Physical activity and regular exercise invariably, if not incontrovertibly, form part of a healthy lifestyle; and not only physical wellness but also mental and emotional wellbeing. Research also suggests that – in post-primary education – continuing engagement in physical activity and sport during the pressurised exam years can enhance pupils’ performance in high-stakes examinations.
With the expansion in lifestyle design, with physical fitness at its centre, Ireland is experiencing unprecedented levels of engagement in sport and physical activity, evidenced by the burgeoning growth in bespoke fitness classes and programmes; diet planning and healthy eating; and large-scale sports activities and events. Perhaps now more than ever, the adage applies: ‘mens sana in corpore sano’.
Furthermore, sport represents a crucial part of Irish cultural and historical identity, and for a country of its relative size and population, the Irish economy and GDP. However, while sport and physical activity occupy a highly significant place in Irish society, physical education in Irish schools has lagged behind - marginalised on timetables in favour of more important exam subjects, or underserved by inadequate equipment. In 2013, Ireland was ranked by the EU in the bottom 3 of 36 European countries for physical education provision in schools.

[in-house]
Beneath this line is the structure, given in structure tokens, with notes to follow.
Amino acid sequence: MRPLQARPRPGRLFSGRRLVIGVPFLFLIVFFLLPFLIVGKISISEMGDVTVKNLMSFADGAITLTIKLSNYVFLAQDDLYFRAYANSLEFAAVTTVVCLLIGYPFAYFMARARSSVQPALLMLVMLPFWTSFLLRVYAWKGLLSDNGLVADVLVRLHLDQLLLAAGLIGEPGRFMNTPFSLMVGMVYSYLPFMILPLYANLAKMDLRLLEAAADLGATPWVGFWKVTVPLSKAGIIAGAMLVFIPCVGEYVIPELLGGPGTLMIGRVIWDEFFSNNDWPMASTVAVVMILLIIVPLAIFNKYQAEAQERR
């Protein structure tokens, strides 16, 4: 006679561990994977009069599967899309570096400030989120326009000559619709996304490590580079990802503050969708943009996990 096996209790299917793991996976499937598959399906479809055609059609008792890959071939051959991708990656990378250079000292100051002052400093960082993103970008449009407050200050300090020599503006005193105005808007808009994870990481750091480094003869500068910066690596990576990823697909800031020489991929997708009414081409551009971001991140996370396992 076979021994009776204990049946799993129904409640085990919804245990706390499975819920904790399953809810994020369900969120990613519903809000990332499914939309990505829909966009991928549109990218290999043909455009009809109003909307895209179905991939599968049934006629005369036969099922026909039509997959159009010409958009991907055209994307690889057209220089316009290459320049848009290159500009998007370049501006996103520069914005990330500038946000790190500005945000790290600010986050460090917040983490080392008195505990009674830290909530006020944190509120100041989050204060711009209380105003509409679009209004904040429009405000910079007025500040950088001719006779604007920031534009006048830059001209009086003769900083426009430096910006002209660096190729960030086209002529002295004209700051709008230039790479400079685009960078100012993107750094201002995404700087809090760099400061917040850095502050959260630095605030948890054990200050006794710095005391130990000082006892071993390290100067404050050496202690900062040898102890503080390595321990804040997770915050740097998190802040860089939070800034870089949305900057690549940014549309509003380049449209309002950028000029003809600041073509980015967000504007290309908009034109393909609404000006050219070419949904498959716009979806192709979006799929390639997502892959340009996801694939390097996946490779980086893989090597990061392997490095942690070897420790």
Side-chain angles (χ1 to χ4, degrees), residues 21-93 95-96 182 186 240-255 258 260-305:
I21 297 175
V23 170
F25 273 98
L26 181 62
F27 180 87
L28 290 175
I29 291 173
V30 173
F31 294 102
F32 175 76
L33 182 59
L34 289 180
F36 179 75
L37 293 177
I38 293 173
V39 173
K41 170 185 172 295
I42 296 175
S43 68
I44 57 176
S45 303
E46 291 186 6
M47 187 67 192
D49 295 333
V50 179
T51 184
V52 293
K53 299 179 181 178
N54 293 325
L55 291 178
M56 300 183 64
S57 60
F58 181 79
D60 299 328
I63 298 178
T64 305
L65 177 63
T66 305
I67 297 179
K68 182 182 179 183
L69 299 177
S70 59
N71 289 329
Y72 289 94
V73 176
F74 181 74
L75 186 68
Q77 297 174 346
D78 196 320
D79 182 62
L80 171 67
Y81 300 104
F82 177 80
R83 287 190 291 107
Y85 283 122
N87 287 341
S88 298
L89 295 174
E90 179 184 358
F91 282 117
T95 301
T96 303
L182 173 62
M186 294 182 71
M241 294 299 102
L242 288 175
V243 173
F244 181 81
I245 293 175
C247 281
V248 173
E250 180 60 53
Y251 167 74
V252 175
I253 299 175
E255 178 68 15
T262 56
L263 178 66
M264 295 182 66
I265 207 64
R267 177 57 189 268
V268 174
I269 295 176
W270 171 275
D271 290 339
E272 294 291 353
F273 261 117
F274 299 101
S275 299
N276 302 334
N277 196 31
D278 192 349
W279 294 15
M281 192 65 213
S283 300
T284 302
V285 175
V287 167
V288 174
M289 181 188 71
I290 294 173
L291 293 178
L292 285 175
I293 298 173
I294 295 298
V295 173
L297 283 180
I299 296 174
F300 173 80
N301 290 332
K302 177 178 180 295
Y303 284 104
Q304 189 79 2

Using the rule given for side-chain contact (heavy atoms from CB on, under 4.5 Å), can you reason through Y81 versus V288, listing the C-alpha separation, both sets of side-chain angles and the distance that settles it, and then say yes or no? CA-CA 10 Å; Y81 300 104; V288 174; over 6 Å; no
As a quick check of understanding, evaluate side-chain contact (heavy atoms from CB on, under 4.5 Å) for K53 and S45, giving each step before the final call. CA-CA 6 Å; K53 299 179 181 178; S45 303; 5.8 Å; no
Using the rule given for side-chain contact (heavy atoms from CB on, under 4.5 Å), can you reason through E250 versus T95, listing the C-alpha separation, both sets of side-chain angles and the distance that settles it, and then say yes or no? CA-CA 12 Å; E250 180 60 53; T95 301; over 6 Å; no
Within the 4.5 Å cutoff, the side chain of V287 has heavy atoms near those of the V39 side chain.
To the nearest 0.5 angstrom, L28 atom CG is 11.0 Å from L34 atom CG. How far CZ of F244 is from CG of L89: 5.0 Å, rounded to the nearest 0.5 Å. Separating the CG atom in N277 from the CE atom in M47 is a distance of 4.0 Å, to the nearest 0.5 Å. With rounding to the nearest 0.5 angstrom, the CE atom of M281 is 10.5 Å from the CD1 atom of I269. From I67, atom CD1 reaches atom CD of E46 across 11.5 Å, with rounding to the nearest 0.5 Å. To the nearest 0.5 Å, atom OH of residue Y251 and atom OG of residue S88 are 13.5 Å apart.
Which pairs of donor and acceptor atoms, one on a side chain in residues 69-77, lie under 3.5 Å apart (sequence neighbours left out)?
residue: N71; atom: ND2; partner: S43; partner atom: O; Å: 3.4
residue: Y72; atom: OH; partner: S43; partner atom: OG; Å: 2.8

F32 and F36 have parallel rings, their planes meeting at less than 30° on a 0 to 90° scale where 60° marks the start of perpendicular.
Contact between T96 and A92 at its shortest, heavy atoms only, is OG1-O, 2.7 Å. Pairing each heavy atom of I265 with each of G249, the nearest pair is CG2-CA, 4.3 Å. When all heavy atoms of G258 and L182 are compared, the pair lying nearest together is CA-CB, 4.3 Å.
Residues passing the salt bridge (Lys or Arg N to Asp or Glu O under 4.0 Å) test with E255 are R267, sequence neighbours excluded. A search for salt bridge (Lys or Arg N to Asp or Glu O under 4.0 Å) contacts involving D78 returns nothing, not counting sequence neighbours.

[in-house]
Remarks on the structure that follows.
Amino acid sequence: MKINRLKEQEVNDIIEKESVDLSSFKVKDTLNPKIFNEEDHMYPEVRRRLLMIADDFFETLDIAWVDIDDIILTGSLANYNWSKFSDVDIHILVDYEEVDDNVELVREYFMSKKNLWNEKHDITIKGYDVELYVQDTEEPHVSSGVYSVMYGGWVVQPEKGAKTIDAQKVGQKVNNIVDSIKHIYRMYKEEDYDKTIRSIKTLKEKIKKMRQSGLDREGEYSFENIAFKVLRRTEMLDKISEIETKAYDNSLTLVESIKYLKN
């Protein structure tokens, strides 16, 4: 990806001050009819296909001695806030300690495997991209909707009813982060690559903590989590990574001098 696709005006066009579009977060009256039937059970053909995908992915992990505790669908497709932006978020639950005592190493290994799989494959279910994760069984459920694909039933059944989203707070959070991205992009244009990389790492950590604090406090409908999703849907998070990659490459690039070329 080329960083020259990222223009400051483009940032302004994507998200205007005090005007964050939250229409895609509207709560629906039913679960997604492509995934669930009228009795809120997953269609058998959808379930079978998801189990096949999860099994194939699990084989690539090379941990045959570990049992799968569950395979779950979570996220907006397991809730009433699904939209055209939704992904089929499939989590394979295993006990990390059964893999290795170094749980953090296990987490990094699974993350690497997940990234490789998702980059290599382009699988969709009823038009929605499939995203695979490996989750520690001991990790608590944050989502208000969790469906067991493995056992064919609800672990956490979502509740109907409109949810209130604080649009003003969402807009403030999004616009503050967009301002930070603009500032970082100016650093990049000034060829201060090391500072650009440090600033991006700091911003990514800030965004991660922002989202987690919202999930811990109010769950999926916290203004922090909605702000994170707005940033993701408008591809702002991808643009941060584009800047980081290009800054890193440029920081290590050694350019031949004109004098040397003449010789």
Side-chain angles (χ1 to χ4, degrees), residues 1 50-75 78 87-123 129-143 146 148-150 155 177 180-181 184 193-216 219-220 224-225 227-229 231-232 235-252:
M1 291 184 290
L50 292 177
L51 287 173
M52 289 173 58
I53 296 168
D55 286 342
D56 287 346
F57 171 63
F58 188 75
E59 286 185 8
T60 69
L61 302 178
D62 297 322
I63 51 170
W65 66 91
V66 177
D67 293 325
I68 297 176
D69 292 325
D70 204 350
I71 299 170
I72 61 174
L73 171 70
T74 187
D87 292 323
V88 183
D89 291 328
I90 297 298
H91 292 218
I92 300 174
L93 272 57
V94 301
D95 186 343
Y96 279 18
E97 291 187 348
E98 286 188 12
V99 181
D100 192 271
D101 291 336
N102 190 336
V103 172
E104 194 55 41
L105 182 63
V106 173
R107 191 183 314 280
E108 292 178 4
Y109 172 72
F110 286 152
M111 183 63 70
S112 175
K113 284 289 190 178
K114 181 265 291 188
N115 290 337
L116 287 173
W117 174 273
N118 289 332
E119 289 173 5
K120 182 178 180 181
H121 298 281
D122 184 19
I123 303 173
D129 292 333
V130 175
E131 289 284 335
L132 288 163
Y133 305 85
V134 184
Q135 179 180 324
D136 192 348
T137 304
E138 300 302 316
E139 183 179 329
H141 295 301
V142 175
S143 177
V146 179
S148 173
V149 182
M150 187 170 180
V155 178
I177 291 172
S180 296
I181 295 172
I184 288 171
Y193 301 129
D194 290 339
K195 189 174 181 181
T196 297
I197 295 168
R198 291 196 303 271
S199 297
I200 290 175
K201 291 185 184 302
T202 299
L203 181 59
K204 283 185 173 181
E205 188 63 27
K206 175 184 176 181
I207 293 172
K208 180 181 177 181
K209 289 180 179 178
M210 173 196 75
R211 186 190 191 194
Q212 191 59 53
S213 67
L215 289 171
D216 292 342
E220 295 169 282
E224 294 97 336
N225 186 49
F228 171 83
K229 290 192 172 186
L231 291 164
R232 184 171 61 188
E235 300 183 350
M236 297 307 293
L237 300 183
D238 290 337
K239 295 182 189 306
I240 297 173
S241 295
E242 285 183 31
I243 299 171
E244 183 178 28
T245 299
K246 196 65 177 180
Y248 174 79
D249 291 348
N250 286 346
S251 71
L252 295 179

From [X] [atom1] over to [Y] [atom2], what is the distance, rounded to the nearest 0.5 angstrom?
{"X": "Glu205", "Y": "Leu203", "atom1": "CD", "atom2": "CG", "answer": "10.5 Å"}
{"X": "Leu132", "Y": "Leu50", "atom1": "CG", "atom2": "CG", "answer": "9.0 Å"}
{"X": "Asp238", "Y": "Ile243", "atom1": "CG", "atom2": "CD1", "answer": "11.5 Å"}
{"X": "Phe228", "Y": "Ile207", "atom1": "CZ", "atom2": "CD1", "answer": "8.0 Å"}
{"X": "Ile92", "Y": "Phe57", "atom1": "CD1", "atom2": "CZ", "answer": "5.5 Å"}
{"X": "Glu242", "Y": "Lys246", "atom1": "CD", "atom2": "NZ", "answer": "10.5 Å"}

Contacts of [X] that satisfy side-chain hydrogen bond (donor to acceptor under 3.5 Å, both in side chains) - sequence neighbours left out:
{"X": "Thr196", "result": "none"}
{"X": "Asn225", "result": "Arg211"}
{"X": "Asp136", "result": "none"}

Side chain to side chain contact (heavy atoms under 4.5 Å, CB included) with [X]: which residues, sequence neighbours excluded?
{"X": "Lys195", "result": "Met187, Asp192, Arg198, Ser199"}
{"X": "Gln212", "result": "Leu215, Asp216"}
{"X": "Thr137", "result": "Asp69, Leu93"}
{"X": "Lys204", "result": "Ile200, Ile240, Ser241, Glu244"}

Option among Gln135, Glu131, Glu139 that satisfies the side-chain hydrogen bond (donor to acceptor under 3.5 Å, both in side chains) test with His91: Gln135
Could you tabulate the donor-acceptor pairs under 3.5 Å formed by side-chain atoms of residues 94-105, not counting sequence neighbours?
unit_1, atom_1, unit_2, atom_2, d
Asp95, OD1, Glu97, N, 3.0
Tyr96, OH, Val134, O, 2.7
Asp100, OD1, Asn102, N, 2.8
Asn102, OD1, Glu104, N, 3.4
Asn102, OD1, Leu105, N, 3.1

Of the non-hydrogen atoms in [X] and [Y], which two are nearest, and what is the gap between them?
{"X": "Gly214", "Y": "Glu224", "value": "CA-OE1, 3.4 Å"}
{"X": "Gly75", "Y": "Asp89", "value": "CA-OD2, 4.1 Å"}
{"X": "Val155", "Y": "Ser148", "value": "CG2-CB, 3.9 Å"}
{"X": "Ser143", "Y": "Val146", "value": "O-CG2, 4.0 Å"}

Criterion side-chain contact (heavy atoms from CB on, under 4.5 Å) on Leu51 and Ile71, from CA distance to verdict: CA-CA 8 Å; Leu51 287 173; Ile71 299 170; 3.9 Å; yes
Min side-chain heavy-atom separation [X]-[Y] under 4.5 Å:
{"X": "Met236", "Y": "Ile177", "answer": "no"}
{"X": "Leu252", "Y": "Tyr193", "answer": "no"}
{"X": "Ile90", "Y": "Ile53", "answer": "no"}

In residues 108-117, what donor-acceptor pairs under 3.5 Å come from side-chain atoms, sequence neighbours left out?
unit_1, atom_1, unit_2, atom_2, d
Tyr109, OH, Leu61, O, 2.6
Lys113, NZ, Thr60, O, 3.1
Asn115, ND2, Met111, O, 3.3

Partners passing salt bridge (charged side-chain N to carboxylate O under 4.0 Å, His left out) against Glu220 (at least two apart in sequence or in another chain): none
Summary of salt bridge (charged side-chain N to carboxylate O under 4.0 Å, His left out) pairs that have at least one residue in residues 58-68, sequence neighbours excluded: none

It might be argued that since the mid-1960s, when a different image of Ireland prevailed upon the bicentenary commemorations for The Rising in 1966, (than did in 2016), a predominantly intellectualist frame has strongly influenced education in Ireland, emerging from the seminal educational-philosophical work of R.S. Peters.
With recent changes in the Junior Cycle curriculum, and an emphasis on young people’s wellbeing in the new Junior Cycle Profile of Achievement (JCPA), which includes PE as a core area, and the design of the Senior Cycle PE Framework (2016), the time seems ripe to transform PE in Irish schools. Consistent with similar developments taking place for computer science at Senior Cycle, physical education might finally be able to move beyond the problematic status of ‘subject without a syllabus’.
This talk explores the new curriculum designs for physical education, traced through the history of physical education in Irish schools since the mid-1960s, when R.S. Peters’ salient work first emerged; and in an analysis informed by contemporary debates and themes in education – both in Ireland and internationally - highlights constraints and possibilities of the new PE design for Irish education.